Now that we are in the political silly season in the U.S., it is sometimes difficult to tell fact from fiction. In politics, it is often hard for folks to agree on the facts, let alone reach a consensus opinion. Let’s take a look at some facts involving the pet industry, then see if my opinions are on base or out in left field, to use another seasonal analogy. Baseball is far more interesting than politics, don’t you agree?
Fact: “Finding Dory” is one of the top domestic box-office hits of the summer and has a shot at becoming the biggest animated film ever.
Opinion: The pet industry got out in front of the story this time, muting critics’ claims that the industry exploits marine fish and harms the environment. PIJAC and the Pet Leadership Council (PLC) worked with the Walt Disney Co. to create a series of educational pieces that help consumers understand the commitment of time, money and resources needed to maintain a home aquarium. The website www.happyhealthyfish.pet was launched just before “Finding Dory” premiered, including links to other helpful websites, such as a cool, interactive game developed for the PLC that rewards players for providing proper care for their digital fish.
Fact: Four in 10 U.S. households have a dog today. Based upon U.S. Census Bureau projections, and assuming the ratio of dogs per household remains static, the demand for pet dogs will grow to 95 million animals by 2025.
Opinion: This is great news for retailers selling dog supplies, provided the supply of animals can keep up with demand. But efforts are underway in many cities and towns across the country to cut off consumers’ access to puppies sold in retail pet stores under the pretext of helping shelters get more dogs adopted and shutting down “puppy mills.” But pet sale bans are based on not one, but two, false premises.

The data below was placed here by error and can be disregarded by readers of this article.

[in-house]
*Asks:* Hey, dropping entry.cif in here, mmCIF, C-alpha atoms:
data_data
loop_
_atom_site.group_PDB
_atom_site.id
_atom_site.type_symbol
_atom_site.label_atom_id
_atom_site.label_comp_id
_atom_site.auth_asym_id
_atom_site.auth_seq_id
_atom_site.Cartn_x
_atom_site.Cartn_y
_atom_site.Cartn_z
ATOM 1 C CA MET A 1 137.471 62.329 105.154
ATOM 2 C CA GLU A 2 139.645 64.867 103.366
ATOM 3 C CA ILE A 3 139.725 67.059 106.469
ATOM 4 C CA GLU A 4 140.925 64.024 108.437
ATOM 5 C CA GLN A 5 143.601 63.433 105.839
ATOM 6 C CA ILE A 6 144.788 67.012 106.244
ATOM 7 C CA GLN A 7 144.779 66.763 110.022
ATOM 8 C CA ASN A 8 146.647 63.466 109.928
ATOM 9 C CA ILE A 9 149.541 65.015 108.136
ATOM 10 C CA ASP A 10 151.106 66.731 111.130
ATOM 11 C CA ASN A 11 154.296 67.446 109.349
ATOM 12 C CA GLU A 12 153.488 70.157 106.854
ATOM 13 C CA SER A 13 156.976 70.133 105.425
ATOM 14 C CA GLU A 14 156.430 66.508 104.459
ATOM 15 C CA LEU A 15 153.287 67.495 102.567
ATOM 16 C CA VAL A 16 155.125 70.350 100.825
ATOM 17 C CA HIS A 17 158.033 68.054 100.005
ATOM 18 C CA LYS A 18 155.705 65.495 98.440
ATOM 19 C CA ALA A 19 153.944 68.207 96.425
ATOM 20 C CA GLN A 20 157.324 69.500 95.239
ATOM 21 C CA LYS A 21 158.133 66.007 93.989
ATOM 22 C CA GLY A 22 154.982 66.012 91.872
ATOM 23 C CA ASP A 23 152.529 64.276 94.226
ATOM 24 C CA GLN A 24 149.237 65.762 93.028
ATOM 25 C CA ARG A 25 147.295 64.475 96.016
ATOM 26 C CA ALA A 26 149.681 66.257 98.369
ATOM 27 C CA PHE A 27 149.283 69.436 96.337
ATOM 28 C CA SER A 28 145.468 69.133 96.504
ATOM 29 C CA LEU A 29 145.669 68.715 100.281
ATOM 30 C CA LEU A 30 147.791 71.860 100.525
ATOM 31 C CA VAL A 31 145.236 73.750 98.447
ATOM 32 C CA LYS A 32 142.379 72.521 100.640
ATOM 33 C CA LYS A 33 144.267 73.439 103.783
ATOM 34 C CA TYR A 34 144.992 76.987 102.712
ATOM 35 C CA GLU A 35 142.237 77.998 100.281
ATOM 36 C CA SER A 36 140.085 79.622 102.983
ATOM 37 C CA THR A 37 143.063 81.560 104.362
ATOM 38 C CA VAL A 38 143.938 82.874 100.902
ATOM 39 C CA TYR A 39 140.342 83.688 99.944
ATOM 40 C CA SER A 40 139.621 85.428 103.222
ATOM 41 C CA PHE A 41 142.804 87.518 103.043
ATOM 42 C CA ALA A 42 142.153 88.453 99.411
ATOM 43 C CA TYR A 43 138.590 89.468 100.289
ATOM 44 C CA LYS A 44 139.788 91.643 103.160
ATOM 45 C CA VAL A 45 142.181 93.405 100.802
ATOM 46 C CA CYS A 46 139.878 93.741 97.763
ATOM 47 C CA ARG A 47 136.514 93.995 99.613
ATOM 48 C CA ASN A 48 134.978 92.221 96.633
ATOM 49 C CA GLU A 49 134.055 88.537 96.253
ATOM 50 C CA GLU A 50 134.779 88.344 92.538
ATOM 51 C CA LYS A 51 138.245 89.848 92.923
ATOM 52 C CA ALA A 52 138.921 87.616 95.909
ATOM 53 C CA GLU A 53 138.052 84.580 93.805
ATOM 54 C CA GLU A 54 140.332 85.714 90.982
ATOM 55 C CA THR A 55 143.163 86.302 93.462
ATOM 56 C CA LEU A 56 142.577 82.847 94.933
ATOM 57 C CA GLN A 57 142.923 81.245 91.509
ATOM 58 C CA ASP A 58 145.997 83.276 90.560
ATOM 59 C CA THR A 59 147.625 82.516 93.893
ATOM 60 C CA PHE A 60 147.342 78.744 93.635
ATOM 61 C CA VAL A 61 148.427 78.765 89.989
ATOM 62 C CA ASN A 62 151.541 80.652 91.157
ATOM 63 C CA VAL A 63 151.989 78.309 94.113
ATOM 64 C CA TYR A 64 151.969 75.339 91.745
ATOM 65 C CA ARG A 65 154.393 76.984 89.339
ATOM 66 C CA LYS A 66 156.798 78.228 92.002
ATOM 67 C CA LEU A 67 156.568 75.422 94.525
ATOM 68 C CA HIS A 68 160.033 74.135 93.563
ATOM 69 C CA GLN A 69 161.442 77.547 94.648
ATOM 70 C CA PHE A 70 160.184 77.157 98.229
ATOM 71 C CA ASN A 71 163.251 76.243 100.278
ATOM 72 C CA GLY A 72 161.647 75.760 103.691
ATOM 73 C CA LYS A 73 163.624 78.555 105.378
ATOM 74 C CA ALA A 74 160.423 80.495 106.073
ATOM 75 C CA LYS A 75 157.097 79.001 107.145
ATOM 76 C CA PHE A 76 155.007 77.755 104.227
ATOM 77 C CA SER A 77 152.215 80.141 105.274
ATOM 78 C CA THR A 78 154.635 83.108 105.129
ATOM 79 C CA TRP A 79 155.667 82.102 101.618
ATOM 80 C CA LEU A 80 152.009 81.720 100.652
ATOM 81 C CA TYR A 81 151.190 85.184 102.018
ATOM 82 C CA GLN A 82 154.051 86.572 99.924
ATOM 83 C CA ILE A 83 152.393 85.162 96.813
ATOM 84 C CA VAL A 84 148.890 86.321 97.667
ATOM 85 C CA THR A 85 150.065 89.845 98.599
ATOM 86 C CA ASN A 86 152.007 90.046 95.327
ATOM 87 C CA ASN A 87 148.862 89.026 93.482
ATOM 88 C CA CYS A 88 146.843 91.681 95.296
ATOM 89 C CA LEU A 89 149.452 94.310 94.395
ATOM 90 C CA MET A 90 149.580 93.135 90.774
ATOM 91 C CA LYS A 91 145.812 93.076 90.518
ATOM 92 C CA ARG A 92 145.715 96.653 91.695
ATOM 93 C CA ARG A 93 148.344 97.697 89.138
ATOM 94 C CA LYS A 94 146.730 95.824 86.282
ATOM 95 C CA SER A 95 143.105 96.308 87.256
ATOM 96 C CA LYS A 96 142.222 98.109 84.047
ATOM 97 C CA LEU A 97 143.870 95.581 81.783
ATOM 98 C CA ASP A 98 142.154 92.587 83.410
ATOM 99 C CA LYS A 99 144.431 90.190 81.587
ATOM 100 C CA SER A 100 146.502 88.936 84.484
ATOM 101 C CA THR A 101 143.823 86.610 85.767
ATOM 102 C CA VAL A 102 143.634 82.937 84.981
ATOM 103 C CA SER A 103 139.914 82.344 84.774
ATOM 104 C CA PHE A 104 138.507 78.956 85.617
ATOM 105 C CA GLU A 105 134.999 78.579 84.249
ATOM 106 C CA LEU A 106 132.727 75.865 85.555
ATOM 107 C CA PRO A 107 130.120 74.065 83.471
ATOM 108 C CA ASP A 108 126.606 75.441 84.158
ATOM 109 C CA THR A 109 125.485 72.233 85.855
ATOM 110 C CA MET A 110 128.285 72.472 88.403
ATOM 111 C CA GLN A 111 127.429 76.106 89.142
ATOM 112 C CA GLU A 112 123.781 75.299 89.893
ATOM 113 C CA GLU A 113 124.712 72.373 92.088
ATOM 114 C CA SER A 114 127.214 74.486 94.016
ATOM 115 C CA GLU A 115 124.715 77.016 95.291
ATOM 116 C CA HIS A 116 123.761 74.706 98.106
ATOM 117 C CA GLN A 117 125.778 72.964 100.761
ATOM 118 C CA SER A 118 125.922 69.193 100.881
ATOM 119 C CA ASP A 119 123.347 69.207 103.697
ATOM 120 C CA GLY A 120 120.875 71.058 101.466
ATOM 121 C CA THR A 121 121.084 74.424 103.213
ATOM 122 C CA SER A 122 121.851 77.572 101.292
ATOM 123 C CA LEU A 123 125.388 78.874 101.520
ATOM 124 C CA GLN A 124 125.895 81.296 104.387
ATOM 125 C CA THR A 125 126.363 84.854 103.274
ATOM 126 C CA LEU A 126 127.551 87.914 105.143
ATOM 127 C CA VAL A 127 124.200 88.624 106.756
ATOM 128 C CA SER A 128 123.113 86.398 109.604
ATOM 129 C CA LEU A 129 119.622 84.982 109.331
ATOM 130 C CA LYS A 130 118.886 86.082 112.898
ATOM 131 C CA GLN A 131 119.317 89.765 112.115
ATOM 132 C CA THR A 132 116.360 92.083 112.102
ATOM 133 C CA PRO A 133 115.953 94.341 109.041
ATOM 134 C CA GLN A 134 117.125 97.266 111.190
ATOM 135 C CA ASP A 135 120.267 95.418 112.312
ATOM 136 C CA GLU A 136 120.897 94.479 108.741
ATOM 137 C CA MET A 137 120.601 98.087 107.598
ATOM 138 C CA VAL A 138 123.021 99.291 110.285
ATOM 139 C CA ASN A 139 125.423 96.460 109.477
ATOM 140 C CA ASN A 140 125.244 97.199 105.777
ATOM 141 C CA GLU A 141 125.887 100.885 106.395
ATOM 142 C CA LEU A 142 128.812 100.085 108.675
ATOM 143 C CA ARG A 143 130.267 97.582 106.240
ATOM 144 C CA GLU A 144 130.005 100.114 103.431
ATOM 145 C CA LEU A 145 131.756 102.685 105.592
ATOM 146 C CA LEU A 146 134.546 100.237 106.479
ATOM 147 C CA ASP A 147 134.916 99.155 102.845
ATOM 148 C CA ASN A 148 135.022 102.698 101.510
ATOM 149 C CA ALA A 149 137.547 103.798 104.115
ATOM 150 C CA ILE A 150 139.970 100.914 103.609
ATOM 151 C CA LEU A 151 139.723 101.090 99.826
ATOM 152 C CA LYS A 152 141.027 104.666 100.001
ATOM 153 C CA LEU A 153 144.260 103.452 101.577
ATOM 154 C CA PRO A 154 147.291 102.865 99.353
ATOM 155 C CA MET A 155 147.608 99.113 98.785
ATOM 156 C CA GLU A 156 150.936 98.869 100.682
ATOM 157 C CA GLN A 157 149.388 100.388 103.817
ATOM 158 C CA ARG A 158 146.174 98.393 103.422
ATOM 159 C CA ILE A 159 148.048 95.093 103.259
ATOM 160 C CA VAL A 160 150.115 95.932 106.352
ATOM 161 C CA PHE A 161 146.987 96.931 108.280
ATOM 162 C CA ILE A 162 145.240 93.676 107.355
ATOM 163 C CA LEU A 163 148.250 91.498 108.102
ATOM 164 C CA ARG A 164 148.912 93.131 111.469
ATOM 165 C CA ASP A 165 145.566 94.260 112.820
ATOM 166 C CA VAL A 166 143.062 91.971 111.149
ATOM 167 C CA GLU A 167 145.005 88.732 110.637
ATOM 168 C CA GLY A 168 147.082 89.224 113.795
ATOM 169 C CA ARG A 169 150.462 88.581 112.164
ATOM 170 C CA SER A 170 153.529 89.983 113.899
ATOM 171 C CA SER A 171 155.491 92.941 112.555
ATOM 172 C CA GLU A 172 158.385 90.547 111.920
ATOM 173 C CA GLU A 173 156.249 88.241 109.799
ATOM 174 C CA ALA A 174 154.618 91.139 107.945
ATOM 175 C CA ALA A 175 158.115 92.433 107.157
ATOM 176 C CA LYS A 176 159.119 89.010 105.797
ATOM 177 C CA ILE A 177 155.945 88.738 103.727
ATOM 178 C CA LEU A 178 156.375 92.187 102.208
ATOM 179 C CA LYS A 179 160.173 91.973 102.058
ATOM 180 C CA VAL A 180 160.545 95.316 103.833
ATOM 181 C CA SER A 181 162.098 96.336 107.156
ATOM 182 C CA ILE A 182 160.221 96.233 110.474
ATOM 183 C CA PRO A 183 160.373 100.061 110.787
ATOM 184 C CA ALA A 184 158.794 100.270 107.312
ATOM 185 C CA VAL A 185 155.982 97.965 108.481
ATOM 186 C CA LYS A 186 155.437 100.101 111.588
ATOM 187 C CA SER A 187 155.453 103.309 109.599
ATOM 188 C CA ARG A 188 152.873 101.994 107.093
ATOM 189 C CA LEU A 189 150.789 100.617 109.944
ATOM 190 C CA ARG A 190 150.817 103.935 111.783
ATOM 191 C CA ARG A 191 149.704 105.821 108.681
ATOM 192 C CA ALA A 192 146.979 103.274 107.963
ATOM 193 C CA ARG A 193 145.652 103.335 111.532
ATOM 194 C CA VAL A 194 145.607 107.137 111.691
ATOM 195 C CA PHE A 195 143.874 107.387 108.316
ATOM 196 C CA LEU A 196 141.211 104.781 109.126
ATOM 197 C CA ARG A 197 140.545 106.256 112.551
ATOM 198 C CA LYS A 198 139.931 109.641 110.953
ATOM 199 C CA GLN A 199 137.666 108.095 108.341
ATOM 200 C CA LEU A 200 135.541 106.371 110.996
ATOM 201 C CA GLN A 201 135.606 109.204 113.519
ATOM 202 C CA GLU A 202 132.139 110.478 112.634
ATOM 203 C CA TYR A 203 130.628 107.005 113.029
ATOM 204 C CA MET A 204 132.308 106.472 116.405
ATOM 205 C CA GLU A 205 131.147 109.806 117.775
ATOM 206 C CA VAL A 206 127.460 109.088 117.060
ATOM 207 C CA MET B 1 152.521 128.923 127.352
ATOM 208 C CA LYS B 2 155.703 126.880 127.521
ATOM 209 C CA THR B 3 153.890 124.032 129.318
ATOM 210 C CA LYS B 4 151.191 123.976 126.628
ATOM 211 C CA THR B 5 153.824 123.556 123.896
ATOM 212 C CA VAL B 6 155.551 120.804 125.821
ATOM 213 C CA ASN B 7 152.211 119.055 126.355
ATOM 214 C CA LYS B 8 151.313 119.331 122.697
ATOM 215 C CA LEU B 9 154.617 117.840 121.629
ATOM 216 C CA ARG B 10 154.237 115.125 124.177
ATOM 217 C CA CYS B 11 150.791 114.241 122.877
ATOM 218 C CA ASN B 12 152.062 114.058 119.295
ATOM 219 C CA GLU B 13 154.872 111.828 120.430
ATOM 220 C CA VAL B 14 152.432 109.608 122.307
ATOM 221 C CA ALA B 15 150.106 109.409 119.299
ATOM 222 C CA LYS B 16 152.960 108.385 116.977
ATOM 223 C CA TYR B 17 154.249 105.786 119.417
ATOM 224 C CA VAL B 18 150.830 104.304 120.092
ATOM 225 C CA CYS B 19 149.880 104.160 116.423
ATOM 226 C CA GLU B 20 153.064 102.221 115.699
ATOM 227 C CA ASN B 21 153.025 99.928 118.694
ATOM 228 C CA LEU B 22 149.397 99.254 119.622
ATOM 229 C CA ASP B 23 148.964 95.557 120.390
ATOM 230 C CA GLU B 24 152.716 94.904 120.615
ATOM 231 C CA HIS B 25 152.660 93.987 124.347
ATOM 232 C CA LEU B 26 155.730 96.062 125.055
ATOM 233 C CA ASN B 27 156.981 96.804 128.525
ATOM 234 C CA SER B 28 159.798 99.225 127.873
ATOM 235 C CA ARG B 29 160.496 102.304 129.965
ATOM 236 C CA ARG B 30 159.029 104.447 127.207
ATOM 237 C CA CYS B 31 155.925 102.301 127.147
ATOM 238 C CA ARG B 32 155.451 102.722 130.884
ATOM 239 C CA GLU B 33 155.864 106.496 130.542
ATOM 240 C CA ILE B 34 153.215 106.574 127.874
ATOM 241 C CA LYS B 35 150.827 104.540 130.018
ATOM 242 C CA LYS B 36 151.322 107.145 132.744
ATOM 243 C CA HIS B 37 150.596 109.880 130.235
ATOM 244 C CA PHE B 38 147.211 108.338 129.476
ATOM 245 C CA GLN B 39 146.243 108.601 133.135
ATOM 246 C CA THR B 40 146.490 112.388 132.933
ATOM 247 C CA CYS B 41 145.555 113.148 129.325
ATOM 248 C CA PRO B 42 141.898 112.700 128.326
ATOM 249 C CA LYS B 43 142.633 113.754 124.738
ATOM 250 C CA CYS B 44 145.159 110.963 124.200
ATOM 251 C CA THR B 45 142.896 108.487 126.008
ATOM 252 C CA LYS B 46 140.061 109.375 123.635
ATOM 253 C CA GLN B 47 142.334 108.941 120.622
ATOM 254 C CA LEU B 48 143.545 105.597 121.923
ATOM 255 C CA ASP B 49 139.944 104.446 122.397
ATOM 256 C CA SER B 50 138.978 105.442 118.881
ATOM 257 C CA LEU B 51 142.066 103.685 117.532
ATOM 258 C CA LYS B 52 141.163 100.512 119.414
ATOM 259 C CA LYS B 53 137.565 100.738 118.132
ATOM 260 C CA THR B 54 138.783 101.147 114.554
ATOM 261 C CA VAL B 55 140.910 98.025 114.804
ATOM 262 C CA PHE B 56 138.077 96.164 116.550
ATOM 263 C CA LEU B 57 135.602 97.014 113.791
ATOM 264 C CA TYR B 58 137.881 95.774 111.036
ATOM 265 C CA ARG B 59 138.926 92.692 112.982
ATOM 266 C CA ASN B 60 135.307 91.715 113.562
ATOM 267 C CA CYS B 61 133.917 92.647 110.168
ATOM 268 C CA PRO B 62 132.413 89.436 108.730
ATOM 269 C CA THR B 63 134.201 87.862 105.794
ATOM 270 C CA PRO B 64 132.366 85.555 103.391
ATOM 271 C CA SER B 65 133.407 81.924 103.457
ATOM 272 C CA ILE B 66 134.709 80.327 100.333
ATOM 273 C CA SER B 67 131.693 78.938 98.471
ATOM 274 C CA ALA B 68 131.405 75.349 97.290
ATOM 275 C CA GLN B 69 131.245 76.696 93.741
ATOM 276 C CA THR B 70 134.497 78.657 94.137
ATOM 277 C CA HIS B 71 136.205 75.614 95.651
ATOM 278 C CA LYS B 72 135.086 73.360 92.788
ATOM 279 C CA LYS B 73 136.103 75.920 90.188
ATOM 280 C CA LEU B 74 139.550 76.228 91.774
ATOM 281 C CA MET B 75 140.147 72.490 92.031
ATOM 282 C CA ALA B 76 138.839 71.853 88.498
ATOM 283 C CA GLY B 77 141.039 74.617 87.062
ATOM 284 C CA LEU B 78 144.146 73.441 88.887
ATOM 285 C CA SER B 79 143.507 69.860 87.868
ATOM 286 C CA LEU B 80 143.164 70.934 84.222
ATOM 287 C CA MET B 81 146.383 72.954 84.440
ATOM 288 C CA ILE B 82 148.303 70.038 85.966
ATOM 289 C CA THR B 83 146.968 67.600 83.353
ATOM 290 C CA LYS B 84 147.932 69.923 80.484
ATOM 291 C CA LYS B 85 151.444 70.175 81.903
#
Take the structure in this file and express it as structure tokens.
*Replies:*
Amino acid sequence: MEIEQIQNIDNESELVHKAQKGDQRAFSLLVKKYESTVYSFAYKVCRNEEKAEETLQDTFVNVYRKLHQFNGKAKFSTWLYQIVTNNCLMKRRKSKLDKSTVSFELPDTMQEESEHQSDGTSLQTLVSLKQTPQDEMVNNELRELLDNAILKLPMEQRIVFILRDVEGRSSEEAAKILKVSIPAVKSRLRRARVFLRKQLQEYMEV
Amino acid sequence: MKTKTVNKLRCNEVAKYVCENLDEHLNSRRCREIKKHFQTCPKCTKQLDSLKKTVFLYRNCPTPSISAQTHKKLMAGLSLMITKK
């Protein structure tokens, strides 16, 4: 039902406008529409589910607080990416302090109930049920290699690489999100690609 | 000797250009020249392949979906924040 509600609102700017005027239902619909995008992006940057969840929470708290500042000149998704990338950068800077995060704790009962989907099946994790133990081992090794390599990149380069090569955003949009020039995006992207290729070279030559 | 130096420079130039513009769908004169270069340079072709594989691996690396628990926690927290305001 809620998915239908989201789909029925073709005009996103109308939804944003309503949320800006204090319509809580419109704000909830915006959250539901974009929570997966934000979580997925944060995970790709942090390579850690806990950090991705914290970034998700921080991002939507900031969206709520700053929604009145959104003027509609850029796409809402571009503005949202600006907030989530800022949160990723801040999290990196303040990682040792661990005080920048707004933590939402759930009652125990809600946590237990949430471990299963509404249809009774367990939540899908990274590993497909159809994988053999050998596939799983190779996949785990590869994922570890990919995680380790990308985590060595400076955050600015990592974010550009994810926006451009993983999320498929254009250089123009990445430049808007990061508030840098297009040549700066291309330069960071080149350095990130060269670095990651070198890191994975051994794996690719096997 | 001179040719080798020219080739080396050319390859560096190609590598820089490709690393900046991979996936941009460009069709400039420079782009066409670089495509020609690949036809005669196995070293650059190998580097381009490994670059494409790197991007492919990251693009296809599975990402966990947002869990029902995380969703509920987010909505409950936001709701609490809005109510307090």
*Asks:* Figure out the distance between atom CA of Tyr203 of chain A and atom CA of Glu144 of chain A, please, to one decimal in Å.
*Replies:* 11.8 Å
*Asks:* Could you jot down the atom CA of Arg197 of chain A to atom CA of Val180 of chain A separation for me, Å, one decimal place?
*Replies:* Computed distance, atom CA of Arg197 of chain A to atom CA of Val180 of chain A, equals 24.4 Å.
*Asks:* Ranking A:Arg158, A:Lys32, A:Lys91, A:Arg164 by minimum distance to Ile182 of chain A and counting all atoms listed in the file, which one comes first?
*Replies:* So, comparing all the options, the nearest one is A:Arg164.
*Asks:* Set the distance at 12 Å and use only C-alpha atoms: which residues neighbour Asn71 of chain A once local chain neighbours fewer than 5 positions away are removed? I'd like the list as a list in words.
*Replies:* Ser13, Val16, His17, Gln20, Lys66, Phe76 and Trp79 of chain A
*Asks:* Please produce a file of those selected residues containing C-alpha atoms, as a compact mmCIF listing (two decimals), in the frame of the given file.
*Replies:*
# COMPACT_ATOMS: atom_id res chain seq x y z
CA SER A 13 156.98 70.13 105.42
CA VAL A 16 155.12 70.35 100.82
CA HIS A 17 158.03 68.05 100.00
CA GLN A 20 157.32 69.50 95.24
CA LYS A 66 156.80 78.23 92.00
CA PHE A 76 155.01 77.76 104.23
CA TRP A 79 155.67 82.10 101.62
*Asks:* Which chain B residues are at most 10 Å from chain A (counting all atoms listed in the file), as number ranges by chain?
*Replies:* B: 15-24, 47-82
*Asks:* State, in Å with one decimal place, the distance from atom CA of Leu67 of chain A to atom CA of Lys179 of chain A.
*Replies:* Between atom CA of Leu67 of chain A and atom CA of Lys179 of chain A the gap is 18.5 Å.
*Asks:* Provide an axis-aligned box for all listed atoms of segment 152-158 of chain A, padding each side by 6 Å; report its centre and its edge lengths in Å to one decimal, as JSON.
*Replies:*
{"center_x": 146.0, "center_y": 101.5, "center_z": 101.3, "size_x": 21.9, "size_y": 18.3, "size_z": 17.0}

First, shelters cannot come close to providing the number of dogs needed to meet demand. Even if every shelter dog was adopted, the total number of dogs available is 3.3 million (and we know that not every shelter dog is adoptable due to medical or behavioral issues). If shelters can only supply for between 25-30 percent of American pet owners’ needs, where will all of the other dogs come from? Shutting down pet store sales will have no impact on adoption rates and will only limit consumers’ choices when it comes to selecting the pet that is most appropriate for them.
Second, USDA-licensed and inspected commercial breeders are not “puppy mills.” Conflating commercial breeders with puppy mills is how animal rights activists are convincing local elected officials to pass puppy sale bans. Are there bad actors out there who give the whole industry a black eye? Of course. Could breeding standards be strengthened based on the best science available today? They could and they are. Purdue University’s Center for Animal Welfare Science is about to conclude a two-year study that will result in science-based standards developed for the care and well-being of dogs bred commercially.
Fact: U.S. Retail Sales totaled $2.367 trillion in the 12 months through May, up 2.1 percent year-over-year. Retail sales excluding gas stations are up 3.9 percent.
Opinion: Strong employment and rising wages are driving consumer spending. Are your sales up nearly 4 percent? If not, it’s time to figure out why your slice of the pie is shrinking. A study reported in Retailing Today on “The Shopping Habits of American Women” revealed that price was ranked first among factors affecting shopping behavior. Consumers have an array of tools available today to help them compare prices. But shoppers for pet products listed “in-store displays” as their first choice, nearly twice as often as Amazon or Google.
That’s great news for retail pet stores. But once the customer is in your store, you need to make a connection that goes beyond price and keeps them coming back. A well-trained staff is a good place to start and Pet Store Pro, the free online training program brought to you by the Pet Industry Distributors Association, has everything you need.